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What the papers say: The Tories are in office but not in power

This was a Queen’s Speech to fit the ‘sombre mood of the nation’, says the FT. ‘British politics is in a state of paralysis,’ and the government’s plan ‘was notable for what it lacked’, the paper says – pointing to the key manifesto pledges cast aside. It’s good news that some of these policies – such as a free vote on the hunting ban – are gone. But there’s further good news, too, in the form of Theresa May’s ‘belated recognition of the complexity of the Brexit process’, the FT says. Indeed, ‘Mrs May’s monopoly over the terms of Brexit has also been broken’ – with Philip Hammond among those now speaking their mind more freely about Britain’s departure from the EU. Up until now, the PM has focused on immigration when the subject of Brexit pops up. But now the Chancellor ‘has refreshingly introduced more pressing concerns to the debate, namely prosperity and jobs’. As Brexit gets underway, the Chancellor’s priority – and his view that people didn’t vote in the referendum to make themselves poorer – ‘should become more popular’.

The Times agrees with the FT that this was a Queen’s Speech more significant for what didn’t make the final cut. But it’s not all good news that the Tory manifesto has been cast aside the paper suggests. Some policies ‘will be sorely missed by the voters Theresa May hoped to help’. Take plans to ‘prise open the triple lock on state pensions’ for instance. Now that this policy has been binned, it’ll mean that money ‘which might be more fairly spent elsewhere’ now won’t be. And while other ‘retreats’ – such as on the dementia tax – are no surprise, ‘there is nothing in their place’, argues the Times. This can only mean that the ‘funding crises’ these plans were designed to address are now ‘more acute than ever’.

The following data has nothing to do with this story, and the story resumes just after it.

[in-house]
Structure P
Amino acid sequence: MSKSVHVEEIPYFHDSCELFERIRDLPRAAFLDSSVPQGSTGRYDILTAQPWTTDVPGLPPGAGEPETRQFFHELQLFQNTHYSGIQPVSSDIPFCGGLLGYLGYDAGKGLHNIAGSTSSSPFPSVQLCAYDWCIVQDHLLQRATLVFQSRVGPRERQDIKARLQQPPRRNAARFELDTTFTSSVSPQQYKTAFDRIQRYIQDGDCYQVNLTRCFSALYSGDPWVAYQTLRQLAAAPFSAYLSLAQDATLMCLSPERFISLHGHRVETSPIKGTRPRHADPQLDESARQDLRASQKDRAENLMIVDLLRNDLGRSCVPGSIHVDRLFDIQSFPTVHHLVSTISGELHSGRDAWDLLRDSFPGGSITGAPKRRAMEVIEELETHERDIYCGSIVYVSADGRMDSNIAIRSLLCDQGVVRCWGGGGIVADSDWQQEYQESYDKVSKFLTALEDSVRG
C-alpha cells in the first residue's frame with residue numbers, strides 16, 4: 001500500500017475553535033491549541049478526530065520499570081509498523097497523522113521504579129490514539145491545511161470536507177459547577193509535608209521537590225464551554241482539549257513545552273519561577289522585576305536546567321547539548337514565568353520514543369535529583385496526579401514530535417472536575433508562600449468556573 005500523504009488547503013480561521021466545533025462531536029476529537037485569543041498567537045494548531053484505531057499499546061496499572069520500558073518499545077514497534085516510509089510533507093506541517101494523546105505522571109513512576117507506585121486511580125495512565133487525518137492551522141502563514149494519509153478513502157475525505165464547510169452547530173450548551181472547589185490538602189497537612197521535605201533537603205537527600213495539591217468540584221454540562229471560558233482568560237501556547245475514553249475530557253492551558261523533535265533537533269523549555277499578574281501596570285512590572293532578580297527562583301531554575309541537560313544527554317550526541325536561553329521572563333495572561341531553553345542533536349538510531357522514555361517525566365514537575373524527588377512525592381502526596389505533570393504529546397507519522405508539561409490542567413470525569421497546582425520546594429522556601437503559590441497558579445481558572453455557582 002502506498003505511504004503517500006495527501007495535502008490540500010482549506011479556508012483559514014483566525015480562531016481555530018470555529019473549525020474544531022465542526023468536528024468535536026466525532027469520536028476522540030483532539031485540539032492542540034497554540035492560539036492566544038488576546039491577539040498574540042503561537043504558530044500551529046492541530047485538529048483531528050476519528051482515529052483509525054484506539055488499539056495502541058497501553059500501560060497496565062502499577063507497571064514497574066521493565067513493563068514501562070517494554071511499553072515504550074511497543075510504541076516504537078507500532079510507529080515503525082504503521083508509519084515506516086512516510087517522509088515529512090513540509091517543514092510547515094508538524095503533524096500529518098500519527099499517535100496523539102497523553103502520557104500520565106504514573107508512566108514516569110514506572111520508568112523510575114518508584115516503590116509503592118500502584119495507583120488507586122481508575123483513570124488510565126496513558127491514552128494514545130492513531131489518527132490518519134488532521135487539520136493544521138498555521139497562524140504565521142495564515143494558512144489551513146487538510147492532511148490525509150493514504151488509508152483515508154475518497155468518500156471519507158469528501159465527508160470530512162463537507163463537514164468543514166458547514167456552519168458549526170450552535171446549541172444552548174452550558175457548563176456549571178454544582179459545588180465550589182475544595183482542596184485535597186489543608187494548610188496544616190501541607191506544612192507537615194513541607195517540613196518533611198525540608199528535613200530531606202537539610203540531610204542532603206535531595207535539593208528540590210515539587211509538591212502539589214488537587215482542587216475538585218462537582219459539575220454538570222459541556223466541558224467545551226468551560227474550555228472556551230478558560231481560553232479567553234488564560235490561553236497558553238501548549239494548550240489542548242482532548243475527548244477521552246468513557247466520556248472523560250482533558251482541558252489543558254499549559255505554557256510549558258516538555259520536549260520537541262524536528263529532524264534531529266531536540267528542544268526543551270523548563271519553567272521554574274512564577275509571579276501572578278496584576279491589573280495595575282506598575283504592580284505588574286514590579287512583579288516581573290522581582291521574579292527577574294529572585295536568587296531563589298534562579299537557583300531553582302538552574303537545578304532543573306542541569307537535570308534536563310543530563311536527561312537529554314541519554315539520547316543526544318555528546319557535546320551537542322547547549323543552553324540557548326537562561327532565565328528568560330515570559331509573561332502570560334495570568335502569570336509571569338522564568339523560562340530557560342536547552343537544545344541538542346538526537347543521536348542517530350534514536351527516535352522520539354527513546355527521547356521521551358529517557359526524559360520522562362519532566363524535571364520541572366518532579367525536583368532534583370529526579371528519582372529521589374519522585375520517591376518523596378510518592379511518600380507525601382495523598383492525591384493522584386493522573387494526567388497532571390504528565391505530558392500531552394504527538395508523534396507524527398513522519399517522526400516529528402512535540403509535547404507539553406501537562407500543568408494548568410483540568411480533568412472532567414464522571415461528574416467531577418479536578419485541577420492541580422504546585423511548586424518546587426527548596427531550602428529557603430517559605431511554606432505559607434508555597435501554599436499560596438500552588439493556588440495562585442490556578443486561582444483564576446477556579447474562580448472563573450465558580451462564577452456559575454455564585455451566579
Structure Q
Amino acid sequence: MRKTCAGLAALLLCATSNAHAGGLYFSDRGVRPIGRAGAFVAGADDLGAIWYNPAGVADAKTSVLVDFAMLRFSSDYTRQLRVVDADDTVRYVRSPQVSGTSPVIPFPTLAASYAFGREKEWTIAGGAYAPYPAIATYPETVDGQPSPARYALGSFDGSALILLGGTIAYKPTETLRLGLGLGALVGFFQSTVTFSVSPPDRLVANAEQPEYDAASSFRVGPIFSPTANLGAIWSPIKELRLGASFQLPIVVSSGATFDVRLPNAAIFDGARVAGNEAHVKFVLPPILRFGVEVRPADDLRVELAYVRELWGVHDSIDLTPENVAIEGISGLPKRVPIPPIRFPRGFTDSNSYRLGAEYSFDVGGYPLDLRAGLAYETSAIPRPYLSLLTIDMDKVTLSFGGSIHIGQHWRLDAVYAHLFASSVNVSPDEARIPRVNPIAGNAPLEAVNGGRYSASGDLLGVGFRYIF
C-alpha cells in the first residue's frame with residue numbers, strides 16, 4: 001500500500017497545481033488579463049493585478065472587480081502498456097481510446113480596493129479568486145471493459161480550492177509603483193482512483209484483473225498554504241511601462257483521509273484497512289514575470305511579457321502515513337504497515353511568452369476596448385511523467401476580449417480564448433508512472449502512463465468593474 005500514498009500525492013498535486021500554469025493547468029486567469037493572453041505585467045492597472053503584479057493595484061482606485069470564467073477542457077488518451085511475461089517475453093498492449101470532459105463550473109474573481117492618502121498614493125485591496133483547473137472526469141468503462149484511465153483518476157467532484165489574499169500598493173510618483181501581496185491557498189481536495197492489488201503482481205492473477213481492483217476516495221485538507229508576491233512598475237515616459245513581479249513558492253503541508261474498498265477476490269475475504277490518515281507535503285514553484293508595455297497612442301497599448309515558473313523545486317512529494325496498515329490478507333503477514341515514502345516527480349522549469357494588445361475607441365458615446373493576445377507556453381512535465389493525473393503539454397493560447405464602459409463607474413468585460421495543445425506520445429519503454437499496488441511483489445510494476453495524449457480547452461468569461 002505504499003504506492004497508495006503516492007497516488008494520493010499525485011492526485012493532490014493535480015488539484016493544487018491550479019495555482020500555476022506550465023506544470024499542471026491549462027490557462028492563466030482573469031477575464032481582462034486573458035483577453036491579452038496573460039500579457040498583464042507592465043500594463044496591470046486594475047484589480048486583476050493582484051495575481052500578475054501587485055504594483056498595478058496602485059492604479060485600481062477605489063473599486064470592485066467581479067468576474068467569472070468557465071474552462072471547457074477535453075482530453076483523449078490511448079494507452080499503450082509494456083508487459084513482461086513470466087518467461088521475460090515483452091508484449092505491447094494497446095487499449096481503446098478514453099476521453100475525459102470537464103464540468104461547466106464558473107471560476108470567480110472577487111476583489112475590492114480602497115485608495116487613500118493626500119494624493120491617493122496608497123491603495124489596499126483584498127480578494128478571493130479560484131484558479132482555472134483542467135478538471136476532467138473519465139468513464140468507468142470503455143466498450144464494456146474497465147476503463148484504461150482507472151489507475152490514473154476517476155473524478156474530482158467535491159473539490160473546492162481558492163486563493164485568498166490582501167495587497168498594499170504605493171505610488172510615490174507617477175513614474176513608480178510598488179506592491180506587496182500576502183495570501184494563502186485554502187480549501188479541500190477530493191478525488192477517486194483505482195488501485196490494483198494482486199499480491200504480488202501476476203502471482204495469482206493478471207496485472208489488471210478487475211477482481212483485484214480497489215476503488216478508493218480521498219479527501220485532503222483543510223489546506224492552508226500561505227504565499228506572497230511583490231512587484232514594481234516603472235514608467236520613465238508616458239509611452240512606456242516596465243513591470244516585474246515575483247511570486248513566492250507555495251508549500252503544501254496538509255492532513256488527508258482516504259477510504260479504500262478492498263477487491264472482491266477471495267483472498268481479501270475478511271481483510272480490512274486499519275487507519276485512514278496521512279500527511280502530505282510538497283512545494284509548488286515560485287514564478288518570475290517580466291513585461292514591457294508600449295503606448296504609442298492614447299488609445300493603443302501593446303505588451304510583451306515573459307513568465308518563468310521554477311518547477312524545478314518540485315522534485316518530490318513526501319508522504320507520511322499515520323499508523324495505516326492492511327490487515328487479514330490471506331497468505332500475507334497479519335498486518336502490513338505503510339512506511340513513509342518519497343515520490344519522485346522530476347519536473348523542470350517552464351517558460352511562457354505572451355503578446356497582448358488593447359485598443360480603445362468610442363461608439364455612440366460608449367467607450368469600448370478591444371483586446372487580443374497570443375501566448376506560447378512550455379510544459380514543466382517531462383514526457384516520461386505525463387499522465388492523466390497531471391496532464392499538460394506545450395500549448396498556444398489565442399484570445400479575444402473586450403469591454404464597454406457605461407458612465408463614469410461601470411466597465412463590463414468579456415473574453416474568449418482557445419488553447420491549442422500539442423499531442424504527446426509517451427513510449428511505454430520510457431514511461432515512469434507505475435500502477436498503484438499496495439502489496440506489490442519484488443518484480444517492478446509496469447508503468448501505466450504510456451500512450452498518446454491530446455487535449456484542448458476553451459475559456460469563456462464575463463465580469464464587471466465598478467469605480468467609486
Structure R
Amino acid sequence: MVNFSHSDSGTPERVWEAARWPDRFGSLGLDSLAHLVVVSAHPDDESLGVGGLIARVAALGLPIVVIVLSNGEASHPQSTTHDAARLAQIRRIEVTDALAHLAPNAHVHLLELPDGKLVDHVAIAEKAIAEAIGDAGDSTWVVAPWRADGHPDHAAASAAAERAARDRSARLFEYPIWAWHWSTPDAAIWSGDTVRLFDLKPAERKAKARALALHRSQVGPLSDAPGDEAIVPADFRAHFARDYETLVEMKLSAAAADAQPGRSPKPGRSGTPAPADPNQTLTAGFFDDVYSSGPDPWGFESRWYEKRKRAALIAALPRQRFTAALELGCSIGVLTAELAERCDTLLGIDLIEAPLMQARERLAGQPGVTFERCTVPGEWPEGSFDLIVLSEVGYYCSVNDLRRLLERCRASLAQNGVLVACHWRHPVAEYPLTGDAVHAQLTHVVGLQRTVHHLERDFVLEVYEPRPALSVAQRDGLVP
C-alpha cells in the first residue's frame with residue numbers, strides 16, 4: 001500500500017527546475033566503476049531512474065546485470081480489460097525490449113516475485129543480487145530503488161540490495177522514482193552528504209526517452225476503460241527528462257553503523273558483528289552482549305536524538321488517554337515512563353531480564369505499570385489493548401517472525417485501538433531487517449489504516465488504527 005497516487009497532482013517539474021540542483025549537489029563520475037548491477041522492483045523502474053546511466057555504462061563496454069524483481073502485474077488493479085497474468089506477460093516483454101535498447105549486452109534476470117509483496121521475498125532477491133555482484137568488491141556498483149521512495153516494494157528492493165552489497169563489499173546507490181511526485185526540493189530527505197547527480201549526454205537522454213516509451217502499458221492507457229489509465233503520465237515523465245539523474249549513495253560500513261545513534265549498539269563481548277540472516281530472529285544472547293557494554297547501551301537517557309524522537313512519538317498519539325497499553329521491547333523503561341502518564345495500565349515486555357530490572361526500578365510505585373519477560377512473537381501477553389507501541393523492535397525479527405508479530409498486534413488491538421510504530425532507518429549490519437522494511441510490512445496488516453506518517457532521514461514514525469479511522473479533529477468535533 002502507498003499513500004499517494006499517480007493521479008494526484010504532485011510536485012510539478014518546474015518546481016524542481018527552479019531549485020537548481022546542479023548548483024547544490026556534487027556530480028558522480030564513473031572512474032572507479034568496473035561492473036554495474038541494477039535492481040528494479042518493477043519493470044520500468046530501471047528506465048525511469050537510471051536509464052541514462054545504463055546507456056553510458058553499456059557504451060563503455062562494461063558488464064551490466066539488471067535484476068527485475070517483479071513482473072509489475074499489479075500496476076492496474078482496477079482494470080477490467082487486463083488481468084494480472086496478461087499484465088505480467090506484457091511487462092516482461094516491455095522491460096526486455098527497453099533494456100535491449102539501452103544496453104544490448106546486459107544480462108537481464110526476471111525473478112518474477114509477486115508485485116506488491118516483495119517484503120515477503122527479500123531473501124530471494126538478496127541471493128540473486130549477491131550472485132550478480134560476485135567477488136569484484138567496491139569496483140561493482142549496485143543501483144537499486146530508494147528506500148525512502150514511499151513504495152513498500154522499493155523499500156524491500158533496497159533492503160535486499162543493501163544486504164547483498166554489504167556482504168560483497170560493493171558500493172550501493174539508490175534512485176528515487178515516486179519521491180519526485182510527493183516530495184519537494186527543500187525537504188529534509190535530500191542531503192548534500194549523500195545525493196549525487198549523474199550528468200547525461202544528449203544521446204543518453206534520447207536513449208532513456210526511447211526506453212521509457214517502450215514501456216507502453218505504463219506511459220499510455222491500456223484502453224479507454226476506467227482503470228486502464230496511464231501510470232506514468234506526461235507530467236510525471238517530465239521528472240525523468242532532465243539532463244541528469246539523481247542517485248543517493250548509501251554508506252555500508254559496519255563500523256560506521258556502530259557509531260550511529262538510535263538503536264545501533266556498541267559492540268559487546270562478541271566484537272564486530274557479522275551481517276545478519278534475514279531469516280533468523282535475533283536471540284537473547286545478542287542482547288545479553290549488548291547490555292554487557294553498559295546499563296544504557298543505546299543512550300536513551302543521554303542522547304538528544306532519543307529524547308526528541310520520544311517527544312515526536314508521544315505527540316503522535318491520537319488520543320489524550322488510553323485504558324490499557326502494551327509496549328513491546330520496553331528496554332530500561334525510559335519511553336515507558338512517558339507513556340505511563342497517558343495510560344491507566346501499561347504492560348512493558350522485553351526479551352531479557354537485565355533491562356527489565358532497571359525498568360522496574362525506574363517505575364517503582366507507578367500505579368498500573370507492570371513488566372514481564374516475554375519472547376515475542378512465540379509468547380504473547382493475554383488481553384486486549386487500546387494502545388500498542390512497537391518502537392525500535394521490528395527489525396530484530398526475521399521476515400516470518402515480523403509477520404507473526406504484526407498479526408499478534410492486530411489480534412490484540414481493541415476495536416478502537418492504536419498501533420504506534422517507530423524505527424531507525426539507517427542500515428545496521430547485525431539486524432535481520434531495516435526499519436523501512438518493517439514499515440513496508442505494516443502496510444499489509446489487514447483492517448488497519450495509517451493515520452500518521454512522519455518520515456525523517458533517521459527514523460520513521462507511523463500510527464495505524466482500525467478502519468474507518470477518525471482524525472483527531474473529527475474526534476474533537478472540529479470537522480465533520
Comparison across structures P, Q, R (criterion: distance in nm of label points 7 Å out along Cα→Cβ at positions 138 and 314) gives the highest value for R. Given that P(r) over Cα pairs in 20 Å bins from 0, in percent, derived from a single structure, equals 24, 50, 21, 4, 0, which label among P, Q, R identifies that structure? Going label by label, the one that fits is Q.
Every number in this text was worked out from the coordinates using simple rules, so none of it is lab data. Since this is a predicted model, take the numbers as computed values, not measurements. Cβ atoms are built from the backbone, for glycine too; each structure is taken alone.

‘British politics were radically recast on 8 June,’ says the Guardian – and consequently this was a Queen’s Speech with a difference. ‘The Conservatives are in office but not in power’ the paper argues, saying that everything about this piece of parliamentary theatre ’underlined the fragile conditionality of the new order’. The actual speech was ‘so short’, the Guardian says, that ‘Peggy Lee’s song Is That All There Is? came irresistibly to mind’. While usually the Queen’s Speech – at least when it is delivered by a government with a majority – showcases the way the party ’seeks to change the country’, this speech was more a demonstration of ‘what the whips think they can get away with to stay in office’.

The Sun says it’s ‘disheartening’ to see how much of the Tory manifesto was binned. Take ‘the energy cap’ – ‘which would have helped 17million of us paying exorbitant bills’ – or ‘the vast house-building programme we desperately need?’. The much-derided dementia tax, which was largely a ‘sensible, fair proposals for rich OAPs to fund their social care’ is also no more. But despite this bonfire of the Tory manifesto, the Sun applauds Theresa May’s new found ’calm humility’. Her ‘appeal to other parties to work with her in the national interest’ is also welcome. Yet the Sun isn’t convinced this will work in reality and predicts a ‘fat chance of unity’. ‘Mrs May has a mountain to climb’ to ensure Brexit goes ahead; and, in the words of the Sun, the PM also has her work cut out keeping ‘Marxists away from power’.


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